Handwashing Stations

There is currently nowhere for students to wash their hands after using the latrines or before eating lunch, let alone the water to do so.

The student health club will oversee the two new handwashing stations we will provide, and make sure they are kept clean and in working condition. The club leaders will fill the handwashing stations with water daily and make sure they are always supplied with a cleaning agent such as soap or ash.

VIP Latrines

We will construct two triple-door latrine blocks using local materials that the school will help gather. Three doors will serve the girls and three doors will serve the boys. All of these new latrines will have cement floors that are designed to be easy to use and to clean. And with a borehole right on school property, there should be enough water to keep them clean.

Training on Health, Hygiene, COVID-19, and More

We will hold a one-day intensive training session with students, teachers, and parents. This training will cover a wide range of topics including COVID-19 symptoms, transmission routes, and prevention; personal and environmental hygiene; and the operation and maintenance of the borehole, latrines, and handwashing stations. There will be a special emphasis on handwashing.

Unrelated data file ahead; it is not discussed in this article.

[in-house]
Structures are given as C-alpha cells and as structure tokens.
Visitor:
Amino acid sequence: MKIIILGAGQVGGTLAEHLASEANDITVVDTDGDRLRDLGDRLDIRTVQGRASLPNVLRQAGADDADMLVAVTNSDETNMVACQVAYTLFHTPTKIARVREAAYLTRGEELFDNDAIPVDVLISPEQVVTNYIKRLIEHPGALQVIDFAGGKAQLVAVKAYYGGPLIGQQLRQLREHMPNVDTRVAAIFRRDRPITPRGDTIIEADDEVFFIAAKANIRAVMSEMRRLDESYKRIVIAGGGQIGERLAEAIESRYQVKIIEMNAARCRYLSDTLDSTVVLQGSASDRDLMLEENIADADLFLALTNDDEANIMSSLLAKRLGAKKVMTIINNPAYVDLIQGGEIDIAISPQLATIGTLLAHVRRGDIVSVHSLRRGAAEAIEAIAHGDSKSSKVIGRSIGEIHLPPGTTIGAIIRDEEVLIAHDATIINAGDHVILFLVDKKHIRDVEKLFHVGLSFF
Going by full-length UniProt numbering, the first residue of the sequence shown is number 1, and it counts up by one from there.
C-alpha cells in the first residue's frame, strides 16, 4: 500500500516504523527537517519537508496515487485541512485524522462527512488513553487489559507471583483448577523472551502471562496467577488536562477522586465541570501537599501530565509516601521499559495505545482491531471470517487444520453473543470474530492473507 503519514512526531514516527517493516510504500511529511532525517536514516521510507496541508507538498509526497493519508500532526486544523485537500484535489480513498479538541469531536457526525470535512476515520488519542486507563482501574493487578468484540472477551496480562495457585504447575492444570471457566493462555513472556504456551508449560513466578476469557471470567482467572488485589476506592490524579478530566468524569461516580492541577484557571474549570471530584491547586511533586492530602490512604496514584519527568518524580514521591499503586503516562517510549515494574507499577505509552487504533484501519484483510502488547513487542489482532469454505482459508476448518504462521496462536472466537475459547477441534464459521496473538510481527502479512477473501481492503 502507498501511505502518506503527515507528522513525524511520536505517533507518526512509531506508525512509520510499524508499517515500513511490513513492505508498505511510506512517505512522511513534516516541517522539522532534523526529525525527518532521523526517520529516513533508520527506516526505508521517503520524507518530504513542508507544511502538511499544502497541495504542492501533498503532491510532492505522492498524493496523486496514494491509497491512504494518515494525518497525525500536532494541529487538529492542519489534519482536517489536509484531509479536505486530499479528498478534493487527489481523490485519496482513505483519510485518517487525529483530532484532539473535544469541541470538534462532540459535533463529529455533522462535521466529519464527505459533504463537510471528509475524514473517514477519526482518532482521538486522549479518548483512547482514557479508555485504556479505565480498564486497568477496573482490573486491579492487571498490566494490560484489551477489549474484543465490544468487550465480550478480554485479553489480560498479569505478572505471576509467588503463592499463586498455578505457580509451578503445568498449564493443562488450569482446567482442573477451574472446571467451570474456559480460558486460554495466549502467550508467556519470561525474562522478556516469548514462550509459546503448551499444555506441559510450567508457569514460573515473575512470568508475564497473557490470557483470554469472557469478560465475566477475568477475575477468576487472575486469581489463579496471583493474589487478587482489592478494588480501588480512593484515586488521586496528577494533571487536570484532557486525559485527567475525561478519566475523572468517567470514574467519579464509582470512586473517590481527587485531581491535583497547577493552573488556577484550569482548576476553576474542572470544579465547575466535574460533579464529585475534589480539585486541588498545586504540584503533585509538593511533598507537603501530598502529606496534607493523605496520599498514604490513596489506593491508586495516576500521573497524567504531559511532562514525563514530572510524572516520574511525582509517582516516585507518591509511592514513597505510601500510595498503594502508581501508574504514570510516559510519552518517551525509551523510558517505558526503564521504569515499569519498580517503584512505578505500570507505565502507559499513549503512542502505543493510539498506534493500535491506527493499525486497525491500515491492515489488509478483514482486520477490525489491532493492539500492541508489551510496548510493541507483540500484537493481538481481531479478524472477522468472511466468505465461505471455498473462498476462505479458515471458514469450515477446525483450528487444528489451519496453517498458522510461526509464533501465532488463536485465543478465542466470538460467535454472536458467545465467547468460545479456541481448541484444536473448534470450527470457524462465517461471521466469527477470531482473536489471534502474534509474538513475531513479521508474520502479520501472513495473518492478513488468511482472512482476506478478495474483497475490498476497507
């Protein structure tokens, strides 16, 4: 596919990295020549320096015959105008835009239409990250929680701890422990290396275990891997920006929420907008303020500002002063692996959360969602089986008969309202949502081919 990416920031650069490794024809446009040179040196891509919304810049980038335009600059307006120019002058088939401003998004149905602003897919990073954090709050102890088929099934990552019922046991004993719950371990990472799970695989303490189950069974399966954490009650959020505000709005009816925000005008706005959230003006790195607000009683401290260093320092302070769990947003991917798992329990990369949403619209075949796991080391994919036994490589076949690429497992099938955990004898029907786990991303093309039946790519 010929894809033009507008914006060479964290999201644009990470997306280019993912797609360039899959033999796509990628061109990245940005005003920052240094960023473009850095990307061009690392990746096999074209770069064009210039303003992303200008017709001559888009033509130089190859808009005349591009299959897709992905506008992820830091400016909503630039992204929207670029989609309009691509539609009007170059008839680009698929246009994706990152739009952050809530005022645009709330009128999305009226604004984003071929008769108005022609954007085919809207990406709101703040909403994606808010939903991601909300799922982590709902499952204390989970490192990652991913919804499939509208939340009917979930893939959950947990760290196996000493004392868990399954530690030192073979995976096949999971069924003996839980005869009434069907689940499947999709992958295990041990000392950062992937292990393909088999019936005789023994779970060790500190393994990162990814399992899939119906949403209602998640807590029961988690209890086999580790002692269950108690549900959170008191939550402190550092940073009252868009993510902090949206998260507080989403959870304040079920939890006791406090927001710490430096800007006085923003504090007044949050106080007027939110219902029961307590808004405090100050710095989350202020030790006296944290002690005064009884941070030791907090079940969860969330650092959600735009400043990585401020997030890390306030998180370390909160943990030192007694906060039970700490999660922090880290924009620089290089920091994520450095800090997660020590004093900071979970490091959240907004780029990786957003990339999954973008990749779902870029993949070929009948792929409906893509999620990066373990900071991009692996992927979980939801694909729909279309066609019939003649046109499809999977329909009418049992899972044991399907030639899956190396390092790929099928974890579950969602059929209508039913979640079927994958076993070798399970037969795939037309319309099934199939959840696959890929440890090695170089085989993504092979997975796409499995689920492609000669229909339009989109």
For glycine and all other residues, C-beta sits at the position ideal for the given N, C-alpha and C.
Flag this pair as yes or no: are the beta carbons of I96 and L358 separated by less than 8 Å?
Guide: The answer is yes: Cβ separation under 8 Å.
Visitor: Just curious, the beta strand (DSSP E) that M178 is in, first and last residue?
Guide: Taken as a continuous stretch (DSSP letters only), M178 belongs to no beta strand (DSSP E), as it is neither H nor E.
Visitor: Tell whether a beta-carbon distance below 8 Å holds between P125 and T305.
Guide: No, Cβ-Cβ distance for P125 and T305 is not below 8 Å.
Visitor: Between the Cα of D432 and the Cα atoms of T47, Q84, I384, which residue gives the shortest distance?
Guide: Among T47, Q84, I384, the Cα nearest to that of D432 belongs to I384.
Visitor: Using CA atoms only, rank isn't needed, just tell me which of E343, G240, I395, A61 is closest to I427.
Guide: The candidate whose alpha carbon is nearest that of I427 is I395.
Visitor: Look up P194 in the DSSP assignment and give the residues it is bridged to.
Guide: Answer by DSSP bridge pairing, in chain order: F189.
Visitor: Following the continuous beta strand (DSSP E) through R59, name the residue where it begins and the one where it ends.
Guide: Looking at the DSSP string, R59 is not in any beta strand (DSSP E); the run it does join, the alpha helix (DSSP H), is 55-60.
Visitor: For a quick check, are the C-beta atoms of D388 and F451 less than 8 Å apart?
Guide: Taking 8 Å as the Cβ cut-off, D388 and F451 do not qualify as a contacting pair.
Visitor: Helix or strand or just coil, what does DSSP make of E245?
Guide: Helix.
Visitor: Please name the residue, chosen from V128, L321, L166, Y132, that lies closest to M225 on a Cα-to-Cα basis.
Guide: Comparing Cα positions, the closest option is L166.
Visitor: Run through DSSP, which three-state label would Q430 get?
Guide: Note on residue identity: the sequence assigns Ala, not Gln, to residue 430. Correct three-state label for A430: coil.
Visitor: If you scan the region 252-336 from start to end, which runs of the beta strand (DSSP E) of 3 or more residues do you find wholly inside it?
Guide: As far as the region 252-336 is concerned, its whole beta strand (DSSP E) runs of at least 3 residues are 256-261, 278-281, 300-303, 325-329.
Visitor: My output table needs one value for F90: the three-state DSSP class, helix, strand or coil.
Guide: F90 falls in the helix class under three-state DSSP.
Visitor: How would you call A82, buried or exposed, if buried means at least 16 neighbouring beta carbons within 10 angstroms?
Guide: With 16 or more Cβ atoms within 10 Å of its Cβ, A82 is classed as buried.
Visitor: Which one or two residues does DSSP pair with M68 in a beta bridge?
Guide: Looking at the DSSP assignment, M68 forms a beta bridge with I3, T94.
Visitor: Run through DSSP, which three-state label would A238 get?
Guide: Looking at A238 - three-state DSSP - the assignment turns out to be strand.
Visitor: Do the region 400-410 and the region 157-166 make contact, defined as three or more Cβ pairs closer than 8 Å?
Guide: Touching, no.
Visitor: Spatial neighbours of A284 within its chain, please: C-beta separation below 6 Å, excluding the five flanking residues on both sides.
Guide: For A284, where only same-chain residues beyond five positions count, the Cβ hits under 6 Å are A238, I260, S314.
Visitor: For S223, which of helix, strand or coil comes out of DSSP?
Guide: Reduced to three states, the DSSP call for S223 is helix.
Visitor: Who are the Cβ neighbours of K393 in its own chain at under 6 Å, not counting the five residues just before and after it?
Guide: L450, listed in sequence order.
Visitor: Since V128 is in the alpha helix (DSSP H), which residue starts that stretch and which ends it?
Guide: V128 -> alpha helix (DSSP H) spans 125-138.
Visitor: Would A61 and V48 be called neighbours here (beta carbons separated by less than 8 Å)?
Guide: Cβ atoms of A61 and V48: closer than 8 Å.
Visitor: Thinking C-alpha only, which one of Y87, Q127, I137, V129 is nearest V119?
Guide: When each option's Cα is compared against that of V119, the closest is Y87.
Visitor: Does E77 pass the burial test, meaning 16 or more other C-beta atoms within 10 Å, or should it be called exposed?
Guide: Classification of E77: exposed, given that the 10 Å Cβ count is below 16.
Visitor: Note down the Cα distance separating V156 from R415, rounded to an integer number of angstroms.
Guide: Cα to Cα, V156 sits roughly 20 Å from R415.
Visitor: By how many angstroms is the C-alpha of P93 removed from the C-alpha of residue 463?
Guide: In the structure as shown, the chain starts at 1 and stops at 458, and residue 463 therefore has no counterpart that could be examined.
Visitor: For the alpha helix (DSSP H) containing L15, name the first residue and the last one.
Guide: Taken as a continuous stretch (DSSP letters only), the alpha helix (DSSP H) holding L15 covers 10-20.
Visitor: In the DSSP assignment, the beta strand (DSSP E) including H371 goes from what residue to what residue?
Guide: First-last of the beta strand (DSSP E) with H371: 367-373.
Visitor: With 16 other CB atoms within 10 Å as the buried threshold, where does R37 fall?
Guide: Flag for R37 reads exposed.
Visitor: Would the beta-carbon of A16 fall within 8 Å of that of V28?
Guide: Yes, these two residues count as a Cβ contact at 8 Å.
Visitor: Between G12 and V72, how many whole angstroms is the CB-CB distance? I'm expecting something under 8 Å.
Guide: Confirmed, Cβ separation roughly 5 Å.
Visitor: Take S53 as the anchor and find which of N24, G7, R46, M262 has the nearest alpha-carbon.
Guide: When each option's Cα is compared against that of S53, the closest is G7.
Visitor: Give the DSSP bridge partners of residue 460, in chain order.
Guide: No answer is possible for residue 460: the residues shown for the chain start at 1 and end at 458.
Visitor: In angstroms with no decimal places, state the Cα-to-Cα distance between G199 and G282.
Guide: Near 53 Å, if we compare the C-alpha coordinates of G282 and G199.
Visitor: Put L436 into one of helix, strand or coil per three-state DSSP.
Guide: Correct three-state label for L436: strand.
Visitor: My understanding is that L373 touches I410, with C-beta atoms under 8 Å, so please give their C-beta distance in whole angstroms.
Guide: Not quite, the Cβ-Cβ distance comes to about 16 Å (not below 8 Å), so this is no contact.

Our team of facilitators will use a variety of methods to train, including participatory hygiene and sanitation transformation, and asset-based community development. We will initiate a student health club, which will prepare students to lead other pupils into healthy habits at school and at home. We will also lead lectures, group discussions, and provide illustrative handouts to teach health topics and ways to promote good hygiene practices within the school including handwashing and water treatment. We will then conduct a series of follow-up trainings before transitioning to our regularly scheduled support visits throughout the year.

We and the school strongly believe that all of these components will work together to improve standards at this school, which will help lead to better student academic performance and will help unlock the opportunity for these students to live better, healthier lives.

Project Updates


10/05/2022: Bunuku Primary School Borehole Well Complete!